l Rank-and-file personnel in the state’s armed bodies must be protected from bullying, sexual harassment, humiliating punishments and being used against the working class.
l There must be full trade union and democratic rights, including the right to form bodies such as soldiers’ councils.
l The privileges of the officer caste must be abolished. Officers must be elected. Workers in uniform must become the allies of the masses in struggle.
l The people must have the right to bear arms and defend themselves.
l The dissolution of the standing army and the formation of a citizen militia under democratic control.
Strange though it may appear to the historically ill-informed, here Marxists draw direct inspiration from the second amendment to the US constitution. Ratified to popular acclaim in 1791, it states: “A well regulated militia being necessary to the security of a free state, the right of the people to keep and bear arms shall not be infringed.”13 Those who made the American revolution - above all the urban and rural masses - saw a standing army as an existential threat to democracy. Eg, in her Observations on the new constitution (1788) Mercy Otis Warren - the mother of the American revolution - branded the standing army as “the nursery of vice and the bane of liberty”.14 At great sacrifice the common people had overthrown the rule of George III - some 70,000 Patriots are believed to have died - and the camp of democracy was determined to do the same again, if faced with another unacceptable government.
Naturally Marx and Engels considered the second amendment part of their heritage. Clause four of the Marx-Engels Demands of the Communist Party in Germany (1848) is unequivocal:
Universal arming of the people. In future armies shall at the same time be workers’ armies, so that the armed forces will not only consume, as in the past, but produce even more than it costs to maintain them.15
The Marx-Engels team never wavered. Read Can Europe disarm? (1893). Here, in this pamphlet written by Frederick Engels, 10 years after the death of his friend and collaborator, we find a concrete application of Marxism to the dawning epoch of universal suffrage and universal conscription. Engels concluded that the key to revolution was mutiny in the armed forces. His pamphlet outlined a model bill for military reform in Germany. Engels was determined to show that the proposal to gradually transform standing armies into a “militia based on the universal principle of arming the people” could exploit the mounting fears of a pending European war and widespread resentment at the ruinously costly military budget.16 For propaganda effect, Engels proposed an international agreement to limit military service to a short period and a state system in which no country would fear aggression, because no country would be capable of aggression. Surely World War I would have been impossible if the European great powers had nothing more than lightly armed civilian militias available to them.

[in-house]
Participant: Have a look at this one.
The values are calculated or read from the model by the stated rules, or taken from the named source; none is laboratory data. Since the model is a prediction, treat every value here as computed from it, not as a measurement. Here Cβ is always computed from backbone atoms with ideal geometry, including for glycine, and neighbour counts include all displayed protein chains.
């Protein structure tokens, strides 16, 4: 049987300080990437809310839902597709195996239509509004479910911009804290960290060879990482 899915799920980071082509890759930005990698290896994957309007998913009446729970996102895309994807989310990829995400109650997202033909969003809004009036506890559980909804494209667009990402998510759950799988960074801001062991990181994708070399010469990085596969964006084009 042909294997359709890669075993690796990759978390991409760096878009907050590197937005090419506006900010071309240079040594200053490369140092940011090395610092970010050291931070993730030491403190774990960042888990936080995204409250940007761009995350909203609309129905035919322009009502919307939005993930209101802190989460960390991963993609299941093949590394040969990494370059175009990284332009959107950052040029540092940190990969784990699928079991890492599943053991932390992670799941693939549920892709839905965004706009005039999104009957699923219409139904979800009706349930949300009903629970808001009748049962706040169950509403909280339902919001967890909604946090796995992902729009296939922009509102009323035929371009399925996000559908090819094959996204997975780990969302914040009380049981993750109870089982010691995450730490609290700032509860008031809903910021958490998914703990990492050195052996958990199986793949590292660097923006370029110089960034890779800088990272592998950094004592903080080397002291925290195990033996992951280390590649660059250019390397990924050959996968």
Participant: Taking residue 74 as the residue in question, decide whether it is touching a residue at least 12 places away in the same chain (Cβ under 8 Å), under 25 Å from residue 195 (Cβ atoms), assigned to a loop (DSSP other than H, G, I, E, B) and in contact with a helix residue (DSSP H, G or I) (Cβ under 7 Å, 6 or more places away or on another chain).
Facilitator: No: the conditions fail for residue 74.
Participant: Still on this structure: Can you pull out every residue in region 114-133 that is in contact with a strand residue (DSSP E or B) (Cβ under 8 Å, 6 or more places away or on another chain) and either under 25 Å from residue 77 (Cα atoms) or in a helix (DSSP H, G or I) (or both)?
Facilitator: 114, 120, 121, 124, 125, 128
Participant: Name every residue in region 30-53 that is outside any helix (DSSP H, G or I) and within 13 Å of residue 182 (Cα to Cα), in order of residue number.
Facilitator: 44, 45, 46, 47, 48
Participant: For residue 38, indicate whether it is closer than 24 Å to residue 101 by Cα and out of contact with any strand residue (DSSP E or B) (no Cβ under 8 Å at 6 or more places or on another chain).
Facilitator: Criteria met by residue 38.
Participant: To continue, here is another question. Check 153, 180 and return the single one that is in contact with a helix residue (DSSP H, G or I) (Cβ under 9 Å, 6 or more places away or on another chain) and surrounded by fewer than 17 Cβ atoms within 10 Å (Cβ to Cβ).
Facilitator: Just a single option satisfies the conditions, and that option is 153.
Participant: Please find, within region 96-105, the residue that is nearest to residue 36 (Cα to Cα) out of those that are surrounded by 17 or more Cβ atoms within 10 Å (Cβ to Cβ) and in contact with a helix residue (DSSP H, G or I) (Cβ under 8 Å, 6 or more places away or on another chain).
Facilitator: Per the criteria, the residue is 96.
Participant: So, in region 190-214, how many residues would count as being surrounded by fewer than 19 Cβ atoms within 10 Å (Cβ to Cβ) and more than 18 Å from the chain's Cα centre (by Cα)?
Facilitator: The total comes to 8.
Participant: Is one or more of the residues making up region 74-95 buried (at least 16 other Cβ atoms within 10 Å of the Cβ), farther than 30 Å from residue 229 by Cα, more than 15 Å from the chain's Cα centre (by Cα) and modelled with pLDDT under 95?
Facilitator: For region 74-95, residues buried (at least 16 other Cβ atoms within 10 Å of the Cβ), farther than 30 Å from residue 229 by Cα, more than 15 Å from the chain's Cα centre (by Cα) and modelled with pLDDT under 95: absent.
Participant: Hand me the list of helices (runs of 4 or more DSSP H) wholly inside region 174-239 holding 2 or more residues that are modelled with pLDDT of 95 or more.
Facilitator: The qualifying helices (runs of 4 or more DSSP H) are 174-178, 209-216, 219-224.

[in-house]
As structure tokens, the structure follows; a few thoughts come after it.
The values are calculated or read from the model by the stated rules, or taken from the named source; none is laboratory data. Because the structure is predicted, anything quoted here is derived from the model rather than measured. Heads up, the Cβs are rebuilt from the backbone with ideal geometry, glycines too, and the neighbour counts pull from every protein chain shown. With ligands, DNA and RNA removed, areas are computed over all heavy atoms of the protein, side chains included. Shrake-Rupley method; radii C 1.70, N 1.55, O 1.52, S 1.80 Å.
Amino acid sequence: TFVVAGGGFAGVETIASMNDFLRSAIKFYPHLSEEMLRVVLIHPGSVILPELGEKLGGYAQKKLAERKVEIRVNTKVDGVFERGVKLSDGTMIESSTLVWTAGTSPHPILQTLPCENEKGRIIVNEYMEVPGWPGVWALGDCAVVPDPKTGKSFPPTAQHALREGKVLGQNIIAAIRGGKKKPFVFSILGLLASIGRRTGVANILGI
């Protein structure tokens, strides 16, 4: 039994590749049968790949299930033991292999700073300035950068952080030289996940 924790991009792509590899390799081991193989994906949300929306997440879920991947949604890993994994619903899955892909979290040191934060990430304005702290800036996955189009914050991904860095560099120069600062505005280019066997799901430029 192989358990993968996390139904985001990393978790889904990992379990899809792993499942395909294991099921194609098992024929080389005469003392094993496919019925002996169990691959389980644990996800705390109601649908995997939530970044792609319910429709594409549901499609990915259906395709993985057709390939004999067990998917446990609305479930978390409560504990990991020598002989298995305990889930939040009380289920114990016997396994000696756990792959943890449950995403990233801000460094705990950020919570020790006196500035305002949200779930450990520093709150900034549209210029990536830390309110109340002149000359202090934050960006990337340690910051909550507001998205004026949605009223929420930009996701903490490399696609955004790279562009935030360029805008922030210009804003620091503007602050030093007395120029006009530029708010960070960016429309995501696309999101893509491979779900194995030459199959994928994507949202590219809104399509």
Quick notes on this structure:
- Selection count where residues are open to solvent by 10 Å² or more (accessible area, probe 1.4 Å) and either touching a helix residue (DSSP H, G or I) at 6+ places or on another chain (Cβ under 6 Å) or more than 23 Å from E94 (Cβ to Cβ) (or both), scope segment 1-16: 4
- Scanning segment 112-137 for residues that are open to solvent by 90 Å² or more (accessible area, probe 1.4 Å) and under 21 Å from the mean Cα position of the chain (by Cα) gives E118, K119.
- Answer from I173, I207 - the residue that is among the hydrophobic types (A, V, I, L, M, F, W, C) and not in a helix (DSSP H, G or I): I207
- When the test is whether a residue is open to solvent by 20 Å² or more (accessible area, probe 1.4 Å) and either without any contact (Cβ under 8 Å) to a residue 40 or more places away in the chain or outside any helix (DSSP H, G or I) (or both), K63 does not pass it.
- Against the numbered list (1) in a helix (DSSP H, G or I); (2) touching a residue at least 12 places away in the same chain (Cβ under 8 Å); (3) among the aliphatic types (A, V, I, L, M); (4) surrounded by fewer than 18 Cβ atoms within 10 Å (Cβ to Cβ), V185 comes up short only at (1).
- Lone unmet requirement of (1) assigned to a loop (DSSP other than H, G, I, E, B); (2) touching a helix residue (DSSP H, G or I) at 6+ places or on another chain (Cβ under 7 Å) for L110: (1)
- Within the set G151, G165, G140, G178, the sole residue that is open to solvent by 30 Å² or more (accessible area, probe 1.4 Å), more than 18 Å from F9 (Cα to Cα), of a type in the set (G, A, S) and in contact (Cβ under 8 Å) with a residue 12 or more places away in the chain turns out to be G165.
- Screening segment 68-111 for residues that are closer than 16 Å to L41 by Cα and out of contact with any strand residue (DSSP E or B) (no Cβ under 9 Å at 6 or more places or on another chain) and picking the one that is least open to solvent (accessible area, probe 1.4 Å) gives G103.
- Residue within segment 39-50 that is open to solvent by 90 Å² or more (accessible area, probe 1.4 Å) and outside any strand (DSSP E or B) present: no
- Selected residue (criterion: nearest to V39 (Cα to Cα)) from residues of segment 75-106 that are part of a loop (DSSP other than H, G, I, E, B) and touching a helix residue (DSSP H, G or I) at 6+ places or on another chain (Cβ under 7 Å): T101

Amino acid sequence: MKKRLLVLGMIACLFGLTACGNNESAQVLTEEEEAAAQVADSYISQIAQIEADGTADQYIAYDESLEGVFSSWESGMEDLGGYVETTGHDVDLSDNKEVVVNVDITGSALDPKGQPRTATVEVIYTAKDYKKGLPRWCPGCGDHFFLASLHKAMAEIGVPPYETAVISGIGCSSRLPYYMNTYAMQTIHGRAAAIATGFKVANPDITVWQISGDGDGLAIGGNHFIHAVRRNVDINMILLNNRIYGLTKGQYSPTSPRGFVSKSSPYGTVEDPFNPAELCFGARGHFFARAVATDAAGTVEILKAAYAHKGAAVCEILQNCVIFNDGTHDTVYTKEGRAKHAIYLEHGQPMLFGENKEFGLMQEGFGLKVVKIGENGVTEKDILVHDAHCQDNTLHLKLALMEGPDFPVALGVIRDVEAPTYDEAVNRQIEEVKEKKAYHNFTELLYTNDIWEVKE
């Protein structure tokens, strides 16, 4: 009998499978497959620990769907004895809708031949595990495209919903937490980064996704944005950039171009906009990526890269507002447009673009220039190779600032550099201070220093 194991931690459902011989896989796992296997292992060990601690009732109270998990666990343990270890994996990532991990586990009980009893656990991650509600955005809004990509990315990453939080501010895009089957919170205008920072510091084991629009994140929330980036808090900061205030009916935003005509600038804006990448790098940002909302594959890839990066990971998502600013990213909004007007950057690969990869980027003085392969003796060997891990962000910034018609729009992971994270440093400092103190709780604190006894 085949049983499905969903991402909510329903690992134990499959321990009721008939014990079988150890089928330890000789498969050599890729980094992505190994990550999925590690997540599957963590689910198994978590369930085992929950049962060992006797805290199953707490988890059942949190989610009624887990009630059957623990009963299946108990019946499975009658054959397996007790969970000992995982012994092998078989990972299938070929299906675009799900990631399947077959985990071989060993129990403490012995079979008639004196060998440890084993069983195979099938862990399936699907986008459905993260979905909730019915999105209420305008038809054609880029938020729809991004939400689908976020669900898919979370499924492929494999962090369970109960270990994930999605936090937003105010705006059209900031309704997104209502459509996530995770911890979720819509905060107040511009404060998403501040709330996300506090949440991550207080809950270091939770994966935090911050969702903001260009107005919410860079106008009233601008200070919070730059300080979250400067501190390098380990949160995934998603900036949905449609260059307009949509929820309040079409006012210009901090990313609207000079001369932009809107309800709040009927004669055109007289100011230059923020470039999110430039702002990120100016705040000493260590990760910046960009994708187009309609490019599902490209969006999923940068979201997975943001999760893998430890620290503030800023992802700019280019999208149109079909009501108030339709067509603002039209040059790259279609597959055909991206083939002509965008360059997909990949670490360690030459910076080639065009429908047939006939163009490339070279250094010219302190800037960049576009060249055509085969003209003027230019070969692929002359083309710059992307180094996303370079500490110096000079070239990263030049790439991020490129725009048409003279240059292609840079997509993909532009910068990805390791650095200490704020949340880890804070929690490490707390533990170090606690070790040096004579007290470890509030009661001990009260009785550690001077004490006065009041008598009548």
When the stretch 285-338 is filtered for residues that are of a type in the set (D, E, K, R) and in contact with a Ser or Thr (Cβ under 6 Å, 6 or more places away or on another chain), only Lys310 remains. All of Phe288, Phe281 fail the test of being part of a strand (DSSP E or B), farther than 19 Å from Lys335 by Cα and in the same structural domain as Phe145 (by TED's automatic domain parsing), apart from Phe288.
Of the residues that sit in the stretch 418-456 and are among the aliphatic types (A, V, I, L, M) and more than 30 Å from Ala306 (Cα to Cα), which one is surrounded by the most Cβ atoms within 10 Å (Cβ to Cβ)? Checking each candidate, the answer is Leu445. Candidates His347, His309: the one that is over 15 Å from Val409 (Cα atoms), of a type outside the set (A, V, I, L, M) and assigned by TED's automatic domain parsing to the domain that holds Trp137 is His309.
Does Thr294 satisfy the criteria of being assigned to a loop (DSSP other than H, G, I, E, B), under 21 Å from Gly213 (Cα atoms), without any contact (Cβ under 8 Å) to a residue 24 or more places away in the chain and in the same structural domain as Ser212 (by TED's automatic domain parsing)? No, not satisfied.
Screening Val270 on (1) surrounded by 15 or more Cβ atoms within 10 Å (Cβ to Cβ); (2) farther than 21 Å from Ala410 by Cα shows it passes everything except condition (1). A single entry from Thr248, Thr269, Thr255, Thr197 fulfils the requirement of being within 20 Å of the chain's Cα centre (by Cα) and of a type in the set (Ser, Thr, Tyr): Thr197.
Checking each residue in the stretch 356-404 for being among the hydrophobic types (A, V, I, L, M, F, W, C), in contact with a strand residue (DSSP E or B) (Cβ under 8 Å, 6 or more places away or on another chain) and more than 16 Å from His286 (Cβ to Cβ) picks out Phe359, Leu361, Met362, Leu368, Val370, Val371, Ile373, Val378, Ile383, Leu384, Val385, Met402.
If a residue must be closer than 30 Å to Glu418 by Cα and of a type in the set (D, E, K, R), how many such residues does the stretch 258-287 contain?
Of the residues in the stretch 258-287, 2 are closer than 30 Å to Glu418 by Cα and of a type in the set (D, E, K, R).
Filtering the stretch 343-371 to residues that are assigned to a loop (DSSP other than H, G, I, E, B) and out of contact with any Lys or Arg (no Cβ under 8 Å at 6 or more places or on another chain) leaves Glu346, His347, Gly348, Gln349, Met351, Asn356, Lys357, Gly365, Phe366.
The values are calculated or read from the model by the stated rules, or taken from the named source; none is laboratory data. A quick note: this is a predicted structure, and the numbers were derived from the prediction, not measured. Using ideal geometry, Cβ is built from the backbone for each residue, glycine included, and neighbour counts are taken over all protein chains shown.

Not that Engels was some lily-livered pacifist. He supported universal male (!) conscription and, if necessary, was quite prepared to advocate revolutionary war on the scale of Napoleon’s grande armée. Needless to say, his Can Europe disarm? was not intended to prove the undoubted military superiority of a militia over a standing army (though it can mobilise very large numbers at incredible speed, provides deep defence and is, therefore, capable of successfully surviving a whole series of initial defeats). No, Engels wanted a citizen army, within which discipline would be self-imposed. An army where rank-and-file troops would, if necessary, turn their guns on any officer tempted to issue orders that ran counter to the vital interests of the people.
Subsequent Marxist writers took the militia idea for granted. Though marred with various reformist assumptions, Jean Jaurès (1859-1914) elaborated upon the whys and hows of a militia system in his L’armée nouvelle (1910). Work and military training had to be brought close together, full-time army cadre would be confined to instructors, etc.17 Naturally, what went for Marxist writers went for Marxist parties too: eg, the 1880 programme of the French Workers’ Party, the 1891 Erfurt programme, the 1889 Hainfeld programme of the Austrian Social Democratic Party, the 1903 programme of the Russian Social Democratic Labour Party, etc.